Diamond in the rough: Ballpark hidden among Oxford County cornfields
Ryan Flanagan, CTV Kitchener
Published Thursday, September 14, 2017 5:01PM EDT
Last Updated Thursday, September 14, 2017 6:49PM EDT
If you build it, they will come.
That infamous line may not have been what Mike Van Boekel was thinking of what he decided to clear space in his cornfield for a baseball diamond – but it didn’t take long for that idea to become a reality.
Officially, the diamond on Van Boekel’s rural Oxford County farm is known as the Van Boekel Field of Dreams. (Here’s where we should mention that in the movie Field of Dreams, the oft-quoted line is actually delivered as ‘If you build it, he will come.’)
Unofficially, people in and around Bright know it simply as the baseball field in the cornfield.
“You’re trying to explain where you live and (people) say ‘Is it near that ball diamond?’ You say ‘That’s actually are house,’ and it’s pretty cool,” says Van Boekel’s son Greg.
Van Boekel, a lifelong baseball player and coach, built the field in 2010. His sons were earlier, and were starting to hit the ball farther. Sometimes it was going across the road. Sometimes something else got in its way.
“I was a bit worried about my kitchen window,” says his wife, Jennifer Van Boekel.
Initially, the diamond’s existence was a relative secret, known only to the Van Boekels and people who happened to see it while driving by.
In time, word of the field-within-a-field spread. Truck drivers pulled over to take photographs of it. One couple asked permission to have wedding pictures taken at it.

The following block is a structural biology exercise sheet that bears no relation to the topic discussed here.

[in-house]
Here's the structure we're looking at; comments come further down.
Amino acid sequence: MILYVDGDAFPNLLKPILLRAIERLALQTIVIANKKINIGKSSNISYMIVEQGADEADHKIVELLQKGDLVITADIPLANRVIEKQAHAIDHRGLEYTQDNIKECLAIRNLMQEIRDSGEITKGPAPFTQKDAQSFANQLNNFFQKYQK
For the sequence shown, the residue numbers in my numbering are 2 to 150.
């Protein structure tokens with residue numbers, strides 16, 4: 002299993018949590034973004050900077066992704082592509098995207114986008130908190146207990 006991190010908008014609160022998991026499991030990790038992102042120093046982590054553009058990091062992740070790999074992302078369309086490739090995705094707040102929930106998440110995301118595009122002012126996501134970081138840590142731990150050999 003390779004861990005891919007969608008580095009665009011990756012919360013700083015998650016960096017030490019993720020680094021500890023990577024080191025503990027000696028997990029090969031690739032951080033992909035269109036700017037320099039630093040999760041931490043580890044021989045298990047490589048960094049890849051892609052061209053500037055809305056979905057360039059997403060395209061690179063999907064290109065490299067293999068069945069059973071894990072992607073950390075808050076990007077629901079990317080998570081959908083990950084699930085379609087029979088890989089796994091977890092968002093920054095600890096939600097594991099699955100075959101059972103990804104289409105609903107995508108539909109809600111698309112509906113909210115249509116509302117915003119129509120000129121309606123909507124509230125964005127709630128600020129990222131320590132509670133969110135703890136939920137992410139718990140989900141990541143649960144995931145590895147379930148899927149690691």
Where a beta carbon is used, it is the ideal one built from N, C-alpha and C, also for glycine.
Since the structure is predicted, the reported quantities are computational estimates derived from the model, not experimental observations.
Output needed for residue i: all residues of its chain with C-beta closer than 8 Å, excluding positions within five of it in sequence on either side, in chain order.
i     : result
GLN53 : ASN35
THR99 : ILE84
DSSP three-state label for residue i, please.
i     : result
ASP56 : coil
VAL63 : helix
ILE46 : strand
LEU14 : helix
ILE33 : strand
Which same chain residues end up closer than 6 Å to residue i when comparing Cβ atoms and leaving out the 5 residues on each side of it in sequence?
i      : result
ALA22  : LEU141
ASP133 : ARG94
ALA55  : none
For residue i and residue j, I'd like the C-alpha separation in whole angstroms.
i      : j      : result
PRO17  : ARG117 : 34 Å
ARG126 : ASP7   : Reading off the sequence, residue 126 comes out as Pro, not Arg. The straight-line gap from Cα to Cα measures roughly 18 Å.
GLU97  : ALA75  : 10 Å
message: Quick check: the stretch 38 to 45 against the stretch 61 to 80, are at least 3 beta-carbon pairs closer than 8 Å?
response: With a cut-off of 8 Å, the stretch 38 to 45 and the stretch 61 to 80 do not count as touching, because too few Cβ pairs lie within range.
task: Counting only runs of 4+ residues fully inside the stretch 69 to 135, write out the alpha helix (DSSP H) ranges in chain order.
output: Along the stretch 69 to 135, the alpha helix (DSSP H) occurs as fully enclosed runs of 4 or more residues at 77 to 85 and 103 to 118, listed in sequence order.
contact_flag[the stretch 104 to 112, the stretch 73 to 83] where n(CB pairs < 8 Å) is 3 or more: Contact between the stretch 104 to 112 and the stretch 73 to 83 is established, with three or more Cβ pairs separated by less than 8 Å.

It also hosts plenty of baseball games, including fundraisers for local baseball programs.
“If absolutely anybody wants to use it at any time, that’s fine by us,” Van Boekel says.
“That’s what it’s there for.”
Out of the countless games hosted at the field over the past seven years, there’s one Van Boekel will never forget.
One afternoon, he was watching his kids play catch on the field. All of a sudden, a man showed up in an old-time baseball uniform.
“This guy just started walking out on the field, the bat over his shoulder … and then (came) another one,” he says.
All in all, there were eight men in the antiquated jerseys.
“Nobody said a word, and I’m just sitting there almost flabbergasted,” Van Boekel says.
Enough children to make up two full teams then emerged from the cornfield, along with dozens of spectators. Then they started playing.
To the layman, it was a strange sight.
But to anyone who has watched Field of Dreams, there was no doubt about what was happening. And to Van Boekel, it was a touching tribute to his efforts to use baseball to bring people together.
With reporting by Randy Steinman